Fritz Neumeyer (ed)
New from DOM publishers:
Fritz Neumeyer (ed)
The Lost, Last Words of Mies van der Rohe
The Lohan Tapes from 1969
In the final weeks before Ludwig Mies van der Rohe passed away, his grandson, the German-American architect Dirk Lohan, began to record his conversations with him, thus managing to capture some of his famous grandfather's last words.
The tapes, which were recorded in Chicago during the summer of 1969, were sent to the Mies van der Rohe Archive of the Museum of Modern Art in New York after his death, where they went missing under unknown circumstances. All that remains as a testimony to the conversations is an incomplete transcript. The legacy of one of the most important modern architects of the twentieth century is now presented in its entirety for the very first time in The Lost, Last Words of Mies van der Rohe. The Lohan Tapes from 1969.
The conversations relayed in the transcript reveal a mostly unknown side of Mies. The famously reticent architect speaks not only about his own life with an impressive level of detail and precision, but also with a sense of humour and great candour. These conversations between Dirk Lohan and his grandfather were not held as "interviews" intended for a specific audience. They were more of a personal, "familiar" nature in front of a professional background, in which Mies talks about aspects from his life to a degree found nowhere else .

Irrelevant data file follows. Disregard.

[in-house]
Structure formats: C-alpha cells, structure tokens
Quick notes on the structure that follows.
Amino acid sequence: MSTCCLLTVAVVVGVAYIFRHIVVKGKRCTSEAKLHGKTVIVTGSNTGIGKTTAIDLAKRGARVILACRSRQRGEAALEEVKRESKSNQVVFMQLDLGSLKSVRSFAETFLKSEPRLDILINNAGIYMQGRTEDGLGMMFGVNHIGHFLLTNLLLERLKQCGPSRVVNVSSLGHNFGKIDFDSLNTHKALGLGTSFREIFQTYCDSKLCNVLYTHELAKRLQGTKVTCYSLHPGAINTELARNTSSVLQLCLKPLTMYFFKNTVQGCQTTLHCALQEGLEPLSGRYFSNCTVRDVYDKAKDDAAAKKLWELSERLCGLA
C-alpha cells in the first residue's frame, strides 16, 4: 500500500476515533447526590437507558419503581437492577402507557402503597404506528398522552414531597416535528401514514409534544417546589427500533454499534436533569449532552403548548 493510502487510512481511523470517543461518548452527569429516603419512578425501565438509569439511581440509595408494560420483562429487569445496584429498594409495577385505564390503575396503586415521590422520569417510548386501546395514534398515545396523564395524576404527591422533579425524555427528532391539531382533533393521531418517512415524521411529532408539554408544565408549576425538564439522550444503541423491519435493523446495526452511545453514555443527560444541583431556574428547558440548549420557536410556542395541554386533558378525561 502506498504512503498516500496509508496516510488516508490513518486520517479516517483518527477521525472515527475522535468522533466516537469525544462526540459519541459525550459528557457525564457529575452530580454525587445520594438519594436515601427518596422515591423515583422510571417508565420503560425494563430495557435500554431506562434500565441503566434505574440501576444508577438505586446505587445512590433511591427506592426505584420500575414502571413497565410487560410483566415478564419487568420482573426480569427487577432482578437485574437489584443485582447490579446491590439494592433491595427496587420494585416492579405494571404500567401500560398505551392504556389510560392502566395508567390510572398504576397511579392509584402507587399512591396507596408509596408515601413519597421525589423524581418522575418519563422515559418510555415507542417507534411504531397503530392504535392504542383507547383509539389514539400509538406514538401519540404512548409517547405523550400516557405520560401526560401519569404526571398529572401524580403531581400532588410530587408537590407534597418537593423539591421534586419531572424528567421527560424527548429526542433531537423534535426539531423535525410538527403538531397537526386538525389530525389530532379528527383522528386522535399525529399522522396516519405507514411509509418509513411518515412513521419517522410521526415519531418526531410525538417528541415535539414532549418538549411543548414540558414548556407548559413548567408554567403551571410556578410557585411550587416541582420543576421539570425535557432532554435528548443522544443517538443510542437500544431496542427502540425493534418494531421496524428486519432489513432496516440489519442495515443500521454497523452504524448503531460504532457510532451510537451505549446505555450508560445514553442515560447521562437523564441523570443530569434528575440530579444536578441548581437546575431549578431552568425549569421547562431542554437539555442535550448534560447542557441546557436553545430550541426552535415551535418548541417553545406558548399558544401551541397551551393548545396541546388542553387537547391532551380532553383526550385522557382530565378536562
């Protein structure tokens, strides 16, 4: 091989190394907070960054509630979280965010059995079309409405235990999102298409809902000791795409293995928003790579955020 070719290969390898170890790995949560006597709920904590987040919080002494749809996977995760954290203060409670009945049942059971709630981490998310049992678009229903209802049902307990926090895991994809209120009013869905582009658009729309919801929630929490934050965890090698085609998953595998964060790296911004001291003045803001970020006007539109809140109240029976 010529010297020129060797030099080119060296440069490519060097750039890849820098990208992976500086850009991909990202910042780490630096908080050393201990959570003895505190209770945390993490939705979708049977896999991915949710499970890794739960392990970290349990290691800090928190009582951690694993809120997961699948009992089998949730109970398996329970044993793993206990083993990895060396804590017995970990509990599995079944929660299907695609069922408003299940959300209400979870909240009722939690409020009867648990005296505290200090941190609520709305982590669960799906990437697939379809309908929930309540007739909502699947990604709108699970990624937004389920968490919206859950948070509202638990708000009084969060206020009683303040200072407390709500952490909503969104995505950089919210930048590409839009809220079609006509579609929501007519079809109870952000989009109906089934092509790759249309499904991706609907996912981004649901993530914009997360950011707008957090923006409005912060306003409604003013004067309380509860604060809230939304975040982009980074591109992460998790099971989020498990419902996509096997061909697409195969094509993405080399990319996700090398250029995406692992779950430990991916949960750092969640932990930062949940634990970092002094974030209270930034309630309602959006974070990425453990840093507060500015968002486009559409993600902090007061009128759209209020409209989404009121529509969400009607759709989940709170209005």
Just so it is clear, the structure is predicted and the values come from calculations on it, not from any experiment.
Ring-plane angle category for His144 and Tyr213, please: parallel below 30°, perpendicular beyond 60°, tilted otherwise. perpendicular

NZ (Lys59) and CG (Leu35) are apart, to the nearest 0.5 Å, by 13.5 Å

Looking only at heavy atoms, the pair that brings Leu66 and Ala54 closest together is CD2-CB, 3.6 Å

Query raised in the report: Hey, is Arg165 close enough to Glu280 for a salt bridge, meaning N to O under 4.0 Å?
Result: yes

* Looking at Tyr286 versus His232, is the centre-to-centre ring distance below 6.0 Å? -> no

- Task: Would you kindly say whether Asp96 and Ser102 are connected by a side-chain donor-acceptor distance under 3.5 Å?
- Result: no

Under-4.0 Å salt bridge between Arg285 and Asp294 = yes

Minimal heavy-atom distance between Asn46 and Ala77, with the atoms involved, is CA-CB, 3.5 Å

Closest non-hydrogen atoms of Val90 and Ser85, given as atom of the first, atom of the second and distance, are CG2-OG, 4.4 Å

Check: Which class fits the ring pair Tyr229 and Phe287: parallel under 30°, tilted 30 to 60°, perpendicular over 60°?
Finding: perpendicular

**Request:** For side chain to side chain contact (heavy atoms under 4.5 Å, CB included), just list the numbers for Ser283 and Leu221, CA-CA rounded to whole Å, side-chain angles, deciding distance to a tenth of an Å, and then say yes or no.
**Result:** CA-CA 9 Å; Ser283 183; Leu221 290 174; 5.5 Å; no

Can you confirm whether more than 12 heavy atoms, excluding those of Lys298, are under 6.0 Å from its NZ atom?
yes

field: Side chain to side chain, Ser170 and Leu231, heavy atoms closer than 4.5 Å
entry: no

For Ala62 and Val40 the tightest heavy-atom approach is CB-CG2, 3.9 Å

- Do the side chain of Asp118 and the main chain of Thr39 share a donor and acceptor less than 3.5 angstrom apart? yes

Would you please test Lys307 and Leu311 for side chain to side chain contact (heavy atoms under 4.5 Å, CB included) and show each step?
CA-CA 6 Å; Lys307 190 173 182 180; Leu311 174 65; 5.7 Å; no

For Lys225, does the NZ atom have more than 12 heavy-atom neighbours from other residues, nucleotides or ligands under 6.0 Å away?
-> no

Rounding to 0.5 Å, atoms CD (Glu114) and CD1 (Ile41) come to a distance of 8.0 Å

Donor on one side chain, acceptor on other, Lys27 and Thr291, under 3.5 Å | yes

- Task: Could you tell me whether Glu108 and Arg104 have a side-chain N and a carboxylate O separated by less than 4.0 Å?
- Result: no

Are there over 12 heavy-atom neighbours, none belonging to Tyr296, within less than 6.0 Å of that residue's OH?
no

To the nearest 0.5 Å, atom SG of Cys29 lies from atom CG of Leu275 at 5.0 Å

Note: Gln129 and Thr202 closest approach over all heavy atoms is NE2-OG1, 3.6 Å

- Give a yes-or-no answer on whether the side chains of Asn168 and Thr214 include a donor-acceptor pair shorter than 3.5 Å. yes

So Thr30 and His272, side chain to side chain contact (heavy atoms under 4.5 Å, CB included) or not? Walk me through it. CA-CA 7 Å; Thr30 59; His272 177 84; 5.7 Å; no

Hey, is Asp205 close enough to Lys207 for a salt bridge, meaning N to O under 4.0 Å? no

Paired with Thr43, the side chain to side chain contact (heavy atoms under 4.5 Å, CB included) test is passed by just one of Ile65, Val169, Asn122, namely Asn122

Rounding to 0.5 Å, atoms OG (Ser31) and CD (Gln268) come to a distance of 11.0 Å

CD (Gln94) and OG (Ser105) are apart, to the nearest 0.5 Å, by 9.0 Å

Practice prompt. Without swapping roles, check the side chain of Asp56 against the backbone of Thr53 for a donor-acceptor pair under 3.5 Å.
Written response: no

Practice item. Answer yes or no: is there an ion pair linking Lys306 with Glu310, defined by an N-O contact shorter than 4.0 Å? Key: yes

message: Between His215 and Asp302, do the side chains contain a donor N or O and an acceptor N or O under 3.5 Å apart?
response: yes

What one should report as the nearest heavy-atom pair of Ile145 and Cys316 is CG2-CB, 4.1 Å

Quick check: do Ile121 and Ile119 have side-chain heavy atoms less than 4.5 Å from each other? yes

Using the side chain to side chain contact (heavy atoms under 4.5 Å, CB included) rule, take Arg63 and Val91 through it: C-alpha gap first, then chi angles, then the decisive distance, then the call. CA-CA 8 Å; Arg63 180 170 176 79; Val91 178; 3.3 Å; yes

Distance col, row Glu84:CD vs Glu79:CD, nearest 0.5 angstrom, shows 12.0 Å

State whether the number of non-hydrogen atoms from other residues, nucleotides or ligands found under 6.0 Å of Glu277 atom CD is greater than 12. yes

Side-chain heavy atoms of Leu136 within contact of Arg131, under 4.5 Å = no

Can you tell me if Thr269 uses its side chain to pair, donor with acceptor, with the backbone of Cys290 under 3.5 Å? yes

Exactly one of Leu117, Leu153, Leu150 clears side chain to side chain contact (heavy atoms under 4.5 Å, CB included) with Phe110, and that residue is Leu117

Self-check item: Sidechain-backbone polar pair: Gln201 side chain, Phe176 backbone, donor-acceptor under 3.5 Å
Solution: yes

This book features a foreword by Dirk Lohan and an introductory essay by Fritz Neumeyer, one of the world’s most eminent scholars on Mies. Neumeyer’s commentary and analysis provide keen insights into how Mies developed his architectural thinking during his early career.
Some 30 years ago Fritz Neumeyer published The Artless Word, in which Mies's written records were made accessible to the public for the first time and which emphasised the architect's intellectual debate with his discipline. Through Mies van der Rohe's last words the author now focuses on the spoken word as a key to his philosophy of construction and the comprehension of his buildings